general average

(shipping) A loss that affects all cargo interests on board a vessel as well as the ship herself. These include the owner of the hull and the owners of all the cargoes aboard for their respective values plus the owner or charterer who stands to earn a specific income from freight charges for the voyage.
A general average loss may occur whether goods are insured or not. It is one that results from an intentional sacrifice (or expenditure) incurred by the master of a vessel in time of danger for the benefit of both ship and cargo. The classic example of this is jettison to lighten a stranded vessel. From the most ancient times, the maritime laws of all trading nations have held that such a sacrifice shall be borne by all for whose benefit the sacrifice was made, and not alone by the owner of the cargo thrown overboard.
The principles of general average have been refined over the years, and they have inevitably come to reflect the increasing complexity of present day commerce. A vessel owner may and does declare his vessel under general average whenever, for the common good in time of danger an intentional sacrifice of ship or cargo has been made, or an extraordinary expenditure has been incurred. In actual practice, general averages result mainly from strandings, fires, collisions and from engaging salvage assistance or putting into a port of refuge following a machinery breakdown or other peril.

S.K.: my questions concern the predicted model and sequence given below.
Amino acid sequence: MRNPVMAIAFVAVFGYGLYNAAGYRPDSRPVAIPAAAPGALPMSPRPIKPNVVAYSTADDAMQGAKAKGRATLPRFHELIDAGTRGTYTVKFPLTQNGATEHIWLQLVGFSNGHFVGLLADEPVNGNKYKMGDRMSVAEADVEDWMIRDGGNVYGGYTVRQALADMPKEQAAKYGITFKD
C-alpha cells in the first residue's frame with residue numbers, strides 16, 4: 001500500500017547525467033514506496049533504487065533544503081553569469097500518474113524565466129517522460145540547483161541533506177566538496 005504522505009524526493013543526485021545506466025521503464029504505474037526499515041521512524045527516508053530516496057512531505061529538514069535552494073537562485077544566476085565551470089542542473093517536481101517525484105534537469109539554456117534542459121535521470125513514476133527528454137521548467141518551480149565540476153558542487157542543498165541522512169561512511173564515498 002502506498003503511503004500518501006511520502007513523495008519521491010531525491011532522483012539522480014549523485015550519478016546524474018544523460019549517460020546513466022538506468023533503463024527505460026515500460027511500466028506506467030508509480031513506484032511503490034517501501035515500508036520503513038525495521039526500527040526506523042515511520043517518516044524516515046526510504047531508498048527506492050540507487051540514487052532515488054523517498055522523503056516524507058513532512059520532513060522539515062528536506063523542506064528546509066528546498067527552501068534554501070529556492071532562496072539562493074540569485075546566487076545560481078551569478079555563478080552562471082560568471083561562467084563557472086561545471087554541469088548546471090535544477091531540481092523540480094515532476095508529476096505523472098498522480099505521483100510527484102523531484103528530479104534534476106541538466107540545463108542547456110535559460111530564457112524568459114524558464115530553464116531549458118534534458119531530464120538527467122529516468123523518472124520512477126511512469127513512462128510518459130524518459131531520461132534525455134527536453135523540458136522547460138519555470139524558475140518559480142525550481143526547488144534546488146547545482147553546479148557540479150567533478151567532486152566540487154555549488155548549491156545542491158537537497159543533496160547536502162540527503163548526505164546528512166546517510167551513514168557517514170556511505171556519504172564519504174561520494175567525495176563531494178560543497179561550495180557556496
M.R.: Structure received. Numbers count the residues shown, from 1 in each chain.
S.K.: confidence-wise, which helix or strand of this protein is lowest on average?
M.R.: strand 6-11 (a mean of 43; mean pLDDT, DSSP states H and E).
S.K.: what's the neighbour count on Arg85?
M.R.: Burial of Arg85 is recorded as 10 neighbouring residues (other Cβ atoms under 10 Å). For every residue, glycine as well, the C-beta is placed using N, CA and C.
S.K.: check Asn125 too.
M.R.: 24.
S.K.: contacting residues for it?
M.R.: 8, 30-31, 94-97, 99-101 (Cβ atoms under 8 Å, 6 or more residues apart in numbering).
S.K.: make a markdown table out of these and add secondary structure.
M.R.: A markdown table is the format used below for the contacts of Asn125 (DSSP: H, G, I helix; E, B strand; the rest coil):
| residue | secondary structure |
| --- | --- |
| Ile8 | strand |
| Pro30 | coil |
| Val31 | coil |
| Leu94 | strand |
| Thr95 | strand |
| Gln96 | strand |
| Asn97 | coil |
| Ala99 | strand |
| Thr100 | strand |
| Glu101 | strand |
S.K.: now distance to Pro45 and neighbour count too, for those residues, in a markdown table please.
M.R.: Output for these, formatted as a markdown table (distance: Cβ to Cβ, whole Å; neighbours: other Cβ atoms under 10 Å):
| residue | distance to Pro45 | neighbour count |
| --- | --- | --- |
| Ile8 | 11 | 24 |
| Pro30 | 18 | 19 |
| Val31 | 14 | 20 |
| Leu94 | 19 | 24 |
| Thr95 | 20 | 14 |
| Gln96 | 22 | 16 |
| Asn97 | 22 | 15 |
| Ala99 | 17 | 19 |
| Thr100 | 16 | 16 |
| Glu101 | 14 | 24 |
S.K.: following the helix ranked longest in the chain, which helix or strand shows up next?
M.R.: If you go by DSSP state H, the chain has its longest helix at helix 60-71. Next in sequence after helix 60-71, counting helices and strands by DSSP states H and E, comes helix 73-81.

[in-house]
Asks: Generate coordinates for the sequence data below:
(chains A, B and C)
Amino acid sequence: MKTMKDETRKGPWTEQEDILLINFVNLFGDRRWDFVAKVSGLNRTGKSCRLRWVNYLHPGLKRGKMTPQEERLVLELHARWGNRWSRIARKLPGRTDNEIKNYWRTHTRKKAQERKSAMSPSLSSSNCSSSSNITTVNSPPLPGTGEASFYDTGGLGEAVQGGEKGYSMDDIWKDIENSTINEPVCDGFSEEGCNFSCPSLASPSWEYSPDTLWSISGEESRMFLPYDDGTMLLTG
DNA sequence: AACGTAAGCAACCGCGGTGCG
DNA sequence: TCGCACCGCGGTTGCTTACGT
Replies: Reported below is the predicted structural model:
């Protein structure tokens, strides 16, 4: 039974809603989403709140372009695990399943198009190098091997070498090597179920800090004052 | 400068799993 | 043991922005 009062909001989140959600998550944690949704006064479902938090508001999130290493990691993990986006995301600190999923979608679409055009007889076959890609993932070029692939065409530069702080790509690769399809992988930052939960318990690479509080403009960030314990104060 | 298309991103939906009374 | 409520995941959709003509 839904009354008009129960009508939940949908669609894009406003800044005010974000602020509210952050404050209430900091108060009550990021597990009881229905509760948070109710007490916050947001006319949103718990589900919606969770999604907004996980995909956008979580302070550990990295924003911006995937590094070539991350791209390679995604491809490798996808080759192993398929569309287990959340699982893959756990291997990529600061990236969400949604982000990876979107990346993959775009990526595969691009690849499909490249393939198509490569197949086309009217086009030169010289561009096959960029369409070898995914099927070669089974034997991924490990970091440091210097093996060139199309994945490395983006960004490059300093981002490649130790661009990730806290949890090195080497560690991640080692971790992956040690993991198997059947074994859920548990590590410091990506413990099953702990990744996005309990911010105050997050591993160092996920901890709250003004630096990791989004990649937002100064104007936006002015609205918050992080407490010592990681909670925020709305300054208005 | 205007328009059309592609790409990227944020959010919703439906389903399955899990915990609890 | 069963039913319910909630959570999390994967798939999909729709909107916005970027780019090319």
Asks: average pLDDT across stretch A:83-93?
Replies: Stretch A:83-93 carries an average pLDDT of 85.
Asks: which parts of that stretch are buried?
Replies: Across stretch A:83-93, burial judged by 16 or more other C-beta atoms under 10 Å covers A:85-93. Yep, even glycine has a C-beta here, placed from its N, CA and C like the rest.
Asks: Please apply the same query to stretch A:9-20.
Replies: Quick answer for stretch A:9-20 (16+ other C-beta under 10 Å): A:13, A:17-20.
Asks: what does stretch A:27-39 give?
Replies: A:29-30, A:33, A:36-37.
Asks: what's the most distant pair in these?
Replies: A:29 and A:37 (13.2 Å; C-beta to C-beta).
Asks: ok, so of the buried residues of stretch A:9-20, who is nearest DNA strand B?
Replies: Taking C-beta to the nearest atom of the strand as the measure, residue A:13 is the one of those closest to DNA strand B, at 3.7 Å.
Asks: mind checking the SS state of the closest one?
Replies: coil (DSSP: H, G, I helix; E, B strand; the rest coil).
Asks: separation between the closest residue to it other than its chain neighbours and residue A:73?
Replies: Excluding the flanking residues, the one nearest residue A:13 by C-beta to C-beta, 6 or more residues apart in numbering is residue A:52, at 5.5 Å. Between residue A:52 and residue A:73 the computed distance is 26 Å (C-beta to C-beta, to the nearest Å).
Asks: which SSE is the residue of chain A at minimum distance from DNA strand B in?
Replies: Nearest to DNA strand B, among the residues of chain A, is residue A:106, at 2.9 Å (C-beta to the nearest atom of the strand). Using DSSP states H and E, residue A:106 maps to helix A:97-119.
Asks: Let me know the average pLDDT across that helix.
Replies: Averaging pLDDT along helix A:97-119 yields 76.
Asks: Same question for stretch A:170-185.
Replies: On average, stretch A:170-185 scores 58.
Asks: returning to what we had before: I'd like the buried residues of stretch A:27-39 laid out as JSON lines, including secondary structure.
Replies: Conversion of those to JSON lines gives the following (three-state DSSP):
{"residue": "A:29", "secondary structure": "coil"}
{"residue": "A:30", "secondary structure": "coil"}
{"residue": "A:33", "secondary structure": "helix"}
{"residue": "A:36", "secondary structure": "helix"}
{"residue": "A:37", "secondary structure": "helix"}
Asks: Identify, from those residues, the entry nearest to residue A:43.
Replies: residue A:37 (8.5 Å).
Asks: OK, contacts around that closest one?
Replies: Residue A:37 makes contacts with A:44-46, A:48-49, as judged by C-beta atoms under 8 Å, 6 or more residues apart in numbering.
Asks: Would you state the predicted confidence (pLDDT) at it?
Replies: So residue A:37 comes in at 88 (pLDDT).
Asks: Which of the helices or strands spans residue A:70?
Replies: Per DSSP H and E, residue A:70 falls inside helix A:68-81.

As the name implies, general average claims affect all the interests which stand to suffer a financial loss if a particular voyage is not successfully completed.
(insurance) Insurance coverage for a general average loss.
See average; particular average; with average; free of particular average; deductible average.

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